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Dum-da-dum, dum-da-dum. The bachi, or drumsticks, arc upwards, with the arms swirling in a precise, graceful motion, landing on the taiko drum in unison. Each performer keeps beat flawlessly, and the collective rhythm starts to pulsate within the room. The taiko drums are placed in rows, with the small, high-pitched shime-daiko, the medium-sized chu-daiko, and the cylindrical okedo drums combining to beat out rhythmic patterns. I am watching the San Jose Taiko Company rehearse for its upcoming spring concert, Rhythm Spirit 2006, to be held in Campbell in April. The piece they are rehearsing celebrates San Jose’s historic Japantown.

Listening to taiko drums beat in unison connects one to ancient Japanese musical history, and the ways in which musical forms innovate throughout history. Percussion instruments were used in ancient societies, and taiko drumming was part of Japanese religious and imperial history, dating back 2,000 years. The imperial court and the samurai supported the art of taiko drumming. Instead of being confined to palaces and temples, taiko drumming was enjoyed by commoners too, as every harvest and festival was celebrated by dancing to the beat of a taiko drum.

In spite of its ancient history, taiko drumming changed dramatically about 50 years ago, with the innovation of ensemble taiko drumming. In the 1950s, Daihachi Oguchi, a jazz drummer in Japan, was asked to interpret an antiquated musical piece for the Osuwa shrine in Japan. The piece was written in an ancient Japanese notation, and an old musician helped him understand the percussive combinations. As he played the rhythm, he wondered how it would sound if a band of musicians interpreted the same rhythmic combination. He established a group that played taiko drums as an ensemble, and this innovation came to be known as kumi-daiko.

Today, over 200 taiko ensembles in the United States pursue this art form. Each group has seven to 12 members on stage playing taiko drums of different sizes, in different rhythmic and melodic patterns.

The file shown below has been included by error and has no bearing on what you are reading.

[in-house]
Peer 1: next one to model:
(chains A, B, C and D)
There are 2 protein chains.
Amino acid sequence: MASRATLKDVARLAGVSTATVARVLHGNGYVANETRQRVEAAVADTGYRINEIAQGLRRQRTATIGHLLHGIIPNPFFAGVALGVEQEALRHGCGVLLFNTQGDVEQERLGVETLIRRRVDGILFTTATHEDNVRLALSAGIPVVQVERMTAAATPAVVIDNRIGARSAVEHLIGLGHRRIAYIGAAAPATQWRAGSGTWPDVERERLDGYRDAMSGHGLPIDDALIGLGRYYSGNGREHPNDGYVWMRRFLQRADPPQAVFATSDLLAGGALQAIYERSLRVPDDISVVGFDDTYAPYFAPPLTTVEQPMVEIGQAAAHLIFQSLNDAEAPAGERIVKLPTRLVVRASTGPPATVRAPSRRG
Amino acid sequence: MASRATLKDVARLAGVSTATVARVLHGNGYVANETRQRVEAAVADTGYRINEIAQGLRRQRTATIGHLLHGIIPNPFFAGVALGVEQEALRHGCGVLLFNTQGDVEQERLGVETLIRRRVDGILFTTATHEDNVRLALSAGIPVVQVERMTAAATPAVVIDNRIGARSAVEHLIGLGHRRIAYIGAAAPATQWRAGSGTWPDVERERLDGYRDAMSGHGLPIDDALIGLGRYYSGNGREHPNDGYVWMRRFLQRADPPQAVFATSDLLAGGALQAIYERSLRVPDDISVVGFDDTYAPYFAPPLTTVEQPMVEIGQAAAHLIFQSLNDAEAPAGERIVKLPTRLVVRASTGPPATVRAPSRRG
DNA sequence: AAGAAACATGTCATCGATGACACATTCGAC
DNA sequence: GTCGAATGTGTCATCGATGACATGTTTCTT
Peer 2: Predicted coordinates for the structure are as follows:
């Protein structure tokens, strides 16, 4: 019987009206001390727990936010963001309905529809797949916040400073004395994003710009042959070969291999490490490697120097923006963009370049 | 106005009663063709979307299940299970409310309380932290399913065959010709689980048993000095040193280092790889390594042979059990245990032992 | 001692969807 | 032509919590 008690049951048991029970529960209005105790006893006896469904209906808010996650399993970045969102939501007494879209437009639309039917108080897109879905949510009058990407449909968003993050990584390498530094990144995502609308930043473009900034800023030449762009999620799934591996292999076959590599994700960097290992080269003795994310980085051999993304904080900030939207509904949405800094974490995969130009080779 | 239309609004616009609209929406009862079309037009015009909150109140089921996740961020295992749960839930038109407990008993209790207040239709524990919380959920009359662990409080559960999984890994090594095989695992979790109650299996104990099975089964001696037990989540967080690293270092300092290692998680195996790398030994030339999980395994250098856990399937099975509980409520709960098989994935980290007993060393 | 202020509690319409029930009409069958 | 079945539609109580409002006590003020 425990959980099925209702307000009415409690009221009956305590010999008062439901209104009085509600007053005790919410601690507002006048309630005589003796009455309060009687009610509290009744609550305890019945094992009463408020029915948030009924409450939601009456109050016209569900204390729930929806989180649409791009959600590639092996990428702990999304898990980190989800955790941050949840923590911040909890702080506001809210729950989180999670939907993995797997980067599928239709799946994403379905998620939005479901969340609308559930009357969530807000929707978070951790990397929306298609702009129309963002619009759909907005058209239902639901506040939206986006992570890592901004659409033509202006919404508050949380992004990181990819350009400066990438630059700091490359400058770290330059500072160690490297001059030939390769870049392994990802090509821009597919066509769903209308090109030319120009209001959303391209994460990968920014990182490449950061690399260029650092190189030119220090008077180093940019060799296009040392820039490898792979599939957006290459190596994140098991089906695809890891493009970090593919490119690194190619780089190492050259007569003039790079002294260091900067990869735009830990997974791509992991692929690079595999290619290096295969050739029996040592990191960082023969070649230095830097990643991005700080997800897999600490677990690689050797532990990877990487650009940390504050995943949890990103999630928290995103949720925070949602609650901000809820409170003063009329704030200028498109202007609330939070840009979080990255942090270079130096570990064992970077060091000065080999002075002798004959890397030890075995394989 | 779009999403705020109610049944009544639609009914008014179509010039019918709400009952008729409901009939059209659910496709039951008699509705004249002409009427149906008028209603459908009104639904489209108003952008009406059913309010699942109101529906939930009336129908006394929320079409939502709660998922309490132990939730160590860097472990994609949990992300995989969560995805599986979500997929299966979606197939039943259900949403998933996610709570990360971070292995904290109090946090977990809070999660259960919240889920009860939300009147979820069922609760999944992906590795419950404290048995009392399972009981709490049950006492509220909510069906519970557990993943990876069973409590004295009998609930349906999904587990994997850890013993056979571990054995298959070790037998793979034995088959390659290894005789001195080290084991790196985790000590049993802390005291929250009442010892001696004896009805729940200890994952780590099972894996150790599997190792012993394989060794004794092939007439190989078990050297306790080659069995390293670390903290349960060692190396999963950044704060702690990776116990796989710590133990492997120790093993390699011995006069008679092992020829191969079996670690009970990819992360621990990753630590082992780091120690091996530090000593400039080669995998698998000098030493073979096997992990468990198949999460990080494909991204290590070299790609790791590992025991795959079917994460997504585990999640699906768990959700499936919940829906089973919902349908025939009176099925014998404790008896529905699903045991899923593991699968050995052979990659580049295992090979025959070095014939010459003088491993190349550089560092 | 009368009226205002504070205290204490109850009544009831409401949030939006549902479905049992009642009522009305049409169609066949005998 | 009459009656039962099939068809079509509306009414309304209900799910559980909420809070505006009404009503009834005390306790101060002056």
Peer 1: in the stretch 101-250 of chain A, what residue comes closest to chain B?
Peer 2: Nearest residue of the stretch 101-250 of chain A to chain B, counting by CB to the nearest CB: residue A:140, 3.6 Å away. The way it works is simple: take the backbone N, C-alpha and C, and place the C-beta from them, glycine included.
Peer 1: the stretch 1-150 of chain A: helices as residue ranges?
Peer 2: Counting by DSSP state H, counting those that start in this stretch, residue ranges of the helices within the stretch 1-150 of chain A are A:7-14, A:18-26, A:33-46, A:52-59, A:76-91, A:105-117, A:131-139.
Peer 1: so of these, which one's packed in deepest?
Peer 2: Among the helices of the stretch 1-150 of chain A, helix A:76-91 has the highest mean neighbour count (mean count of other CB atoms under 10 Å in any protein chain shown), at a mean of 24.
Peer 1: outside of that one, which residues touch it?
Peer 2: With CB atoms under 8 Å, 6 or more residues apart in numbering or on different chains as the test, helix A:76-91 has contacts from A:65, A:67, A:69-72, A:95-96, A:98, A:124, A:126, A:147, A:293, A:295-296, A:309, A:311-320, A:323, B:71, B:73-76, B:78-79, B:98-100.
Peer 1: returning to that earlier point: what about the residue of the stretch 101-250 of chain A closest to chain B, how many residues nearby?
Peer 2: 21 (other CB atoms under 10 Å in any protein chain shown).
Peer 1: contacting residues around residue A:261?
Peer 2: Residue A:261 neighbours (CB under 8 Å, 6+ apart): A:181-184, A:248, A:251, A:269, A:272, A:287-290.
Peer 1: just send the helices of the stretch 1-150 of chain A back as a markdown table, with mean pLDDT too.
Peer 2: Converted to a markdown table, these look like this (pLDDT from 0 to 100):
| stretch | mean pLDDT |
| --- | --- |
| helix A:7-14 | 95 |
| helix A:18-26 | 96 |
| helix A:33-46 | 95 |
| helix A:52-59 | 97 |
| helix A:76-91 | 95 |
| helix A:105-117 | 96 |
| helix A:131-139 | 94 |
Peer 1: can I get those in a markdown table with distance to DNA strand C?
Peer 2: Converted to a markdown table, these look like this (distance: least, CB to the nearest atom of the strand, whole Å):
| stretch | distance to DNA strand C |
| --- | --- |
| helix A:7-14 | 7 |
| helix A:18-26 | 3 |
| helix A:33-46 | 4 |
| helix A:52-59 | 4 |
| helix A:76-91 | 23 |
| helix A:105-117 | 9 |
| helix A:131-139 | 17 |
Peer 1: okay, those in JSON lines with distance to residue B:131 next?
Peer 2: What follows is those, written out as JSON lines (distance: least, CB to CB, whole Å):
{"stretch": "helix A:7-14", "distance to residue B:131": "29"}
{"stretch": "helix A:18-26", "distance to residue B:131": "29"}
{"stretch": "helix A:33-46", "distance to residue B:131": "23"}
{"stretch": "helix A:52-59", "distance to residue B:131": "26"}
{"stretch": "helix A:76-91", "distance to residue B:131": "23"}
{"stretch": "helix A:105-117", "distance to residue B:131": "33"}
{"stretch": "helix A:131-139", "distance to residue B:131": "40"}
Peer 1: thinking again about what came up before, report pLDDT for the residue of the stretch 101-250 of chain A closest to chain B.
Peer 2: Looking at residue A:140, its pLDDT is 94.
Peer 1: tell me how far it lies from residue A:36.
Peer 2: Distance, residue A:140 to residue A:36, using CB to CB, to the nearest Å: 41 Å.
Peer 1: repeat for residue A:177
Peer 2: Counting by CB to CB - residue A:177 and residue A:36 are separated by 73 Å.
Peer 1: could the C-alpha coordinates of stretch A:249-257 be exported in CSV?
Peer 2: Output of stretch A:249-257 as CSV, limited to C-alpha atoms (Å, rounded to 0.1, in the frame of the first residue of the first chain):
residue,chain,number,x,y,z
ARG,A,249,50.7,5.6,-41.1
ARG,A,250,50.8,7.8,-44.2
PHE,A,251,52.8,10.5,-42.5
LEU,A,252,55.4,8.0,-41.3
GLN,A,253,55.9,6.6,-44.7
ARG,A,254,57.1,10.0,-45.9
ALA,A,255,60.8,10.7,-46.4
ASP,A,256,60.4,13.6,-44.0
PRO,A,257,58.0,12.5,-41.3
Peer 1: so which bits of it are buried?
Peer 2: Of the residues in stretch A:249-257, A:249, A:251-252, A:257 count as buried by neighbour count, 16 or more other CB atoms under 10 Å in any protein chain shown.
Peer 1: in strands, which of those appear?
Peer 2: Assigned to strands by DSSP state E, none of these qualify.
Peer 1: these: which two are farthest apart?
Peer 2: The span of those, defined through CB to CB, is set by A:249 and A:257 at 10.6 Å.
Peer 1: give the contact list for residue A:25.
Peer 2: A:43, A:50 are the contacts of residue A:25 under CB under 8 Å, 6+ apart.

Even though it is presented as a performance art, taiko draws from several Japanese cultural and religious traditions.

“Taiko is not a performance art alone,” says artistic director P.J. Hirabayashi. “We try to attain the highest principles in Buddhist religious training by overcoming the ego. To do this, a player needs to have the right attitude and show respect towards his teacher, and his fellow learners. He or she needs to develop kata, or form, that is evident in the strong low stance and the powerful, fluid movements of the upper body. Musical and percussive technique to achieve perfect timing and tonal quality needs to be learned. We also incorporate martial arts and training in meditative techniques to train the body and the mind to perform at its best.

“Ki is the spiritual unity of the body and the mind and the end goal of all performers,” she says. “If the performer achieves this on stage, then all barriers are broken between the audience members and the performers, uniting them in the moment.” Indian artists use the word rasa to describe this oneness felt between the audience and the performers. When ki is felt, “we have audience members telling us that they were moved to tears,” says Hirabayashi.

Her husband, Roy Hirabayashi, managing director of San Jose Taiko recounts how they started the company. “Growing up in America, I listened to jazz, soul, and rock music, but nothing that was rooted in my cultural history. Then, at the Buddhist church, we heard taiko drumming and slowly became involved in popularizing it.”

This third-generation Japanese American (Sansei) couple started San Jose Taiko in 1973 “as a way to assert ourselves through our cultural and historical moorings,” says Roy Hirabayashi. “I feel happy that taiko has helped young Asian Americans develop a clear sense of cultural identity. We have also tried to incorporate modern sounds from African, Balinese, Brazilian, Latin, and jazz percussion. The resulting sound is contemporary, while still striking a resonant chord with the Asian soul in America.”

As I turn to look, a tableau of performers is depicting a village scene, where onlookers take sides in a contest between two rival drummers. And, amidst laughter and the sound of clapping, the sound of the drums rises again … dum-da-dum, dum-da-dum. When I leave the studio, the sonorous rhythm stays with me, and I step on the curb to the lively beat of dum-da-dum, dum-da-dum.

Rhythm Spirit 2006. Campbell Heritage Theater, 1 W. Campbell Ave., Campbell. Friday, April 21, 8 p.m.; Saturday, April 22, 2 p.m. and 8 p.m. $25 general, $20 students/seniors. (408) 866-2700.

Nirupama Vaidhyanathan is an Indian classical dancer, choreographer, and teacher, who writes about the arts.

Nirupama V.

Nirupama Vaidhyanathan is a writer, dancer and choreographer. She was the former editor of India Currents magazine.